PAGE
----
Outcomes of surgeon-modified fenestrated-branched endograft repair for acute aortic pathology Presented at the Plenary Session at the Thirty-ninth Annual Meeting of the Southern Association for Vascular Surgery, Scottsdale, Ariz, January 14-17, 2015.

Academic Article


  • Objective Open surgical repair for acute aortic pathologies involving the visceral vessels is associated with morbidity and mortality rates of 40% to 70% and 30% to 60%, respectively. Due to these poor outcomes, the application of fenestrated/branched endovascular aortic repair (F/B-EVAR) has been expanded in this setting; however, durability remains unknown. The purpose of this analysis was to describe outcomes after F/B-EVAR for acute aortic disease. Methods A single center retrospective review of all F/B-EVARs for acute aortic disease was completed. Primary end points included mortality and reintervention-free survival. Secondary end points were patency and freedom from endoleak, as well as change in aneurysm diameter and estimated glomerular filtration rate. Life-tables were used to estimate end points, while mixed statistical models were used to determine aneurysm diameter change. Results Thirty-seven patients (mean age ± standard deviation, 67 ± 10 years; 75% male) underwent F/B-EVAR for acute aortic disease, and median follow-up time was 10.3 months (range, 0.5-31.4 months). Indications included thoracoabdominal aneurysm (65%; n = 24), pararenal aneurysm (17%; n = 6), postsurgical anastomotic pseudoaneurysm (8%; n = 3), dissection (5%; n = 2), and penetrating ulcer (5%; n = 2). Mean preoperative aneurysm diameter was 7.3 ± 1.8 cm. All patients were American Society of Anesthesiologists class IV or IV-E, and 38% (n = 14) had history of aortic repair. There were 105 visceral vessels revascularized (celiac, 26; superior mesenteric artery, 29; renal, 50) and 24 (65%) patients underwent three- or four-vessel repair. Technical success was 92% (n = 34), with no intraoperative deaths and one conversion (3%). Median length of stay was 6 days (range, 2-60 days), and postoperative morbidity was 41% (n = 15; spinal cord ischemia, 14% [8% permanent]; pulmonary, 14%; renal, 14%; extremity ischemia, 8%; stroke, 5%; cardiac, 3%; bleeding, 3%) with 30-day mortality of 19% (n = 7; in-hospital, 8%; n = 3). Endoleak was detected at some point in follow-up in 27% (n = 10), and a majority were type II (n = 7). Six (16%) patients underwent reintervention, and no late conversions occurred. Postoperative imaging was available in 27 (73%), and one celiac fenestration lost patency at 12 months. One-year branch vessel patency and freedom from reintervention was 98% ± 6% and 70% ± 9%, respectively. Estimated 1- and 4-year survival were 70% ± 8% and 67% ± 8%, respectively. During follow-up, aortic diameter decreased 0.5 cm (95% confidence interval, 1.1-0.2; P =.1) while estimated glomerular filtration rate decreased by 2 mL/min/1.73 m2. Conclusions F/B-EVAR can be performed to treat a variety of symptomatic and/or ruptured paravisceral aortic pathologies. Perioperative morbidity and mortality can be significant; however, it is less than literature-based outcomes of open repair. Short-term fenestrated/branched graft patency is excellent, but reintervention is frequent, highlighting the need for diligent follow-up. Patients surviving the initial hospitalization for F/B-EVAR of acute aortic disease can anticipate good long-term survival.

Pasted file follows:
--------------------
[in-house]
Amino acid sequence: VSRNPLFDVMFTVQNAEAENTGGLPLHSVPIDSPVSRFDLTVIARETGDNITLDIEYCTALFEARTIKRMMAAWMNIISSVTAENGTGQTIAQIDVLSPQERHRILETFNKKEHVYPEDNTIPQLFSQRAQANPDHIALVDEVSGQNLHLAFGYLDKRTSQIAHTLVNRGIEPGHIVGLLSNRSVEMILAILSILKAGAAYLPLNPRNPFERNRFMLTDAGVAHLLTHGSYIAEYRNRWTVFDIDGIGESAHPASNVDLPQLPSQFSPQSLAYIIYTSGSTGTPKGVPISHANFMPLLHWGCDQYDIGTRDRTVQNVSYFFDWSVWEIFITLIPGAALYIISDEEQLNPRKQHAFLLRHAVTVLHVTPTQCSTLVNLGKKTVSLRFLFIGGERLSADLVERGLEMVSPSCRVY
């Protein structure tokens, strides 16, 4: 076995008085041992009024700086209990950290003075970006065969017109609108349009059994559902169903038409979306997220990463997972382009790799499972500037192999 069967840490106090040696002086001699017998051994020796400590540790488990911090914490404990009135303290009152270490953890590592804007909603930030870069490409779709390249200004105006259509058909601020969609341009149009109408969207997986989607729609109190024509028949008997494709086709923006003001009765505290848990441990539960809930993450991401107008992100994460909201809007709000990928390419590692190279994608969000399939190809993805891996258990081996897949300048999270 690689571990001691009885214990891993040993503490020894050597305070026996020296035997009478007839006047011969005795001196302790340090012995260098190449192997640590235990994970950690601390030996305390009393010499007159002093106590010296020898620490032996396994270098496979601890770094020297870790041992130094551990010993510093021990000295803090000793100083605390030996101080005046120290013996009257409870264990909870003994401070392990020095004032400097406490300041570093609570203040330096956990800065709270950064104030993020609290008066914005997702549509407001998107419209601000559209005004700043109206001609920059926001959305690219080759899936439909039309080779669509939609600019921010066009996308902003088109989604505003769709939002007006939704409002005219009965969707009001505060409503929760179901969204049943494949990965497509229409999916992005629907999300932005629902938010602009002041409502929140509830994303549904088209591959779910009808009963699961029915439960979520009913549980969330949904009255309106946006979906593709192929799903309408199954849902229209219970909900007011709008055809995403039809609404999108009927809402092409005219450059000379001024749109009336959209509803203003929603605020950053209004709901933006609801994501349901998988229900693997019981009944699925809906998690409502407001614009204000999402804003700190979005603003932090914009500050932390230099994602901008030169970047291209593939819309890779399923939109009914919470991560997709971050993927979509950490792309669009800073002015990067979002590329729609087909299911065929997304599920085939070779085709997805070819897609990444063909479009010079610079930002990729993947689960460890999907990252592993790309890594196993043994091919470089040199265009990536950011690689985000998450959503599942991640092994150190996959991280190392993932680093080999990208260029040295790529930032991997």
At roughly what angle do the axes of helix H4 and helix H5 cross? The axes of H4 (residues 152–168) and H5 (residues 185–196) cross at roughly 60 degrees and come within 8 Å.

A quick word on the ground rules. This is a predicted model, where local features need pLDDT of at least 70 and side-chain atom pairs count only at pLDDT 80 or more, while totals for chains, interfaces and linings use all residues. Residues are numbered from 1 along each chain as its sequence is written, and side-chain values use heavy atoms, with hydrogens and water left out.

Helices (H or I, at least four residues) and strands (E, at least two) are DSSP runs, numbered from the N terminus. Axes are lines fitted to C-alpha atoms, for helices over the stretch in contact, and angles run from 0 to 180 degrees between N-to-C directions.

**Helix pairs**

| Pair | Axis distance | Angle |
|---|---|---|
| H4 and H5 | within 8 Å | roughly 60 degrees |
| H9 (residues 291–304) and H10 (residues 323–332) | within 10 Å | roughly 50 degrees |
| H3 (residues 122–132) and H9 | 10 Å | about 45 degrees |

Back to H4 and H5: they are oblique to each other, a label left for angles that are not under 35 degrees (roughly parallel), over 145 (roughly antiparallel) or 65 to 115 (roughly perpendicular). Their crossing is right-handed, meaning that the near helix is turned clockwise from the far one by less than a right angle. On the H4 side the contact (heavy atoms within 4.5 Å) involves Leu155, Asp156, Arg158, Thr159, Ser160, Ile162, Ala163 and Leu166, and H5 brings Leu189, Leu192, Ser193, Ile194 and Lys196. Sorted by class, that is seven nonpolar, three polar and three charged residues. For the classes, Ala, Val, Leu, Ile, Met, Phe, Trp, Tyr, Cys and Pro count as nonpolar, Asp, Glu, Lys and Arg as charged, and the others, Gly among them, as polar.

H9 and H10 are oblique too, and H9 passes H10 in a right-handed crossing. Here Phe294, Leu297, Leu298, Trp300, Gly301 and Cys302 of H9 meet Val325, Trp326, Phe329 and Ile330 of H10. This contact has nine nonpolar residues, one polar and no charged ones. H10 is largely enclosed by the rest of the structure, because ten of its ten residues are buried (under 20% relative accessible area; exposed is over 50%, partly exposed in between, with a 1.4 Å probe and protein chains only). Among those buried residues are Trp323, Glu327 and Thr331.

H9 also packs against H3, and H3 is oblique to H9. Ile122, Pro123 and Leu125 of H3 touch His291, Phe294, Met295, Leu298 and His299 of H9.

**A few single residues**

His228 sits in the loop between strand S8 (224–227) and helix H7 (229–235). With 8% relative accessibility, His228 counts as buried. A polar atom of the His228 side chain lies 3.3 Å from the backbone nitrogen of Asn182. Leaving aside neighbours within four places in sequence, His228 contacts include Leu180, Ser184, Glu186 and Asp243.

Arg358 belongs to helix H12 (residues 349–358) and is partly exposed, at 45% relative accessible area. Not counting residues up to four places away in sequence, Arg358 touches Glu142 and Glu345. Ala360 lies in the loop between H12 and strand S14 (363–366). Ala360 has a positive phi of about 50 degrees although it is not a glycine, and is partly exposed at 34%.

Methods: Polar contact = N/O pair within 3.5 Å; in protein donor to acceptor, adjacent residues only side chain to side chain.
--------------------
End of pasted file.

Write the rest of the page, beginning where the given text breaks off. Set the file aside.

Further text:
• Authors

    Published In

    Digital Object Identifier (doi)

    Pubmed Id

  • 18299737
  • Author List

  • Scali ST; Neal D; Sollanek V; Martin T; Sablik J; Huber TS; Beck AW
  • Start Page

  • 1148
  • End Page

  • 1159.e2
  • Volume

  • 62
  • Issue

  • 5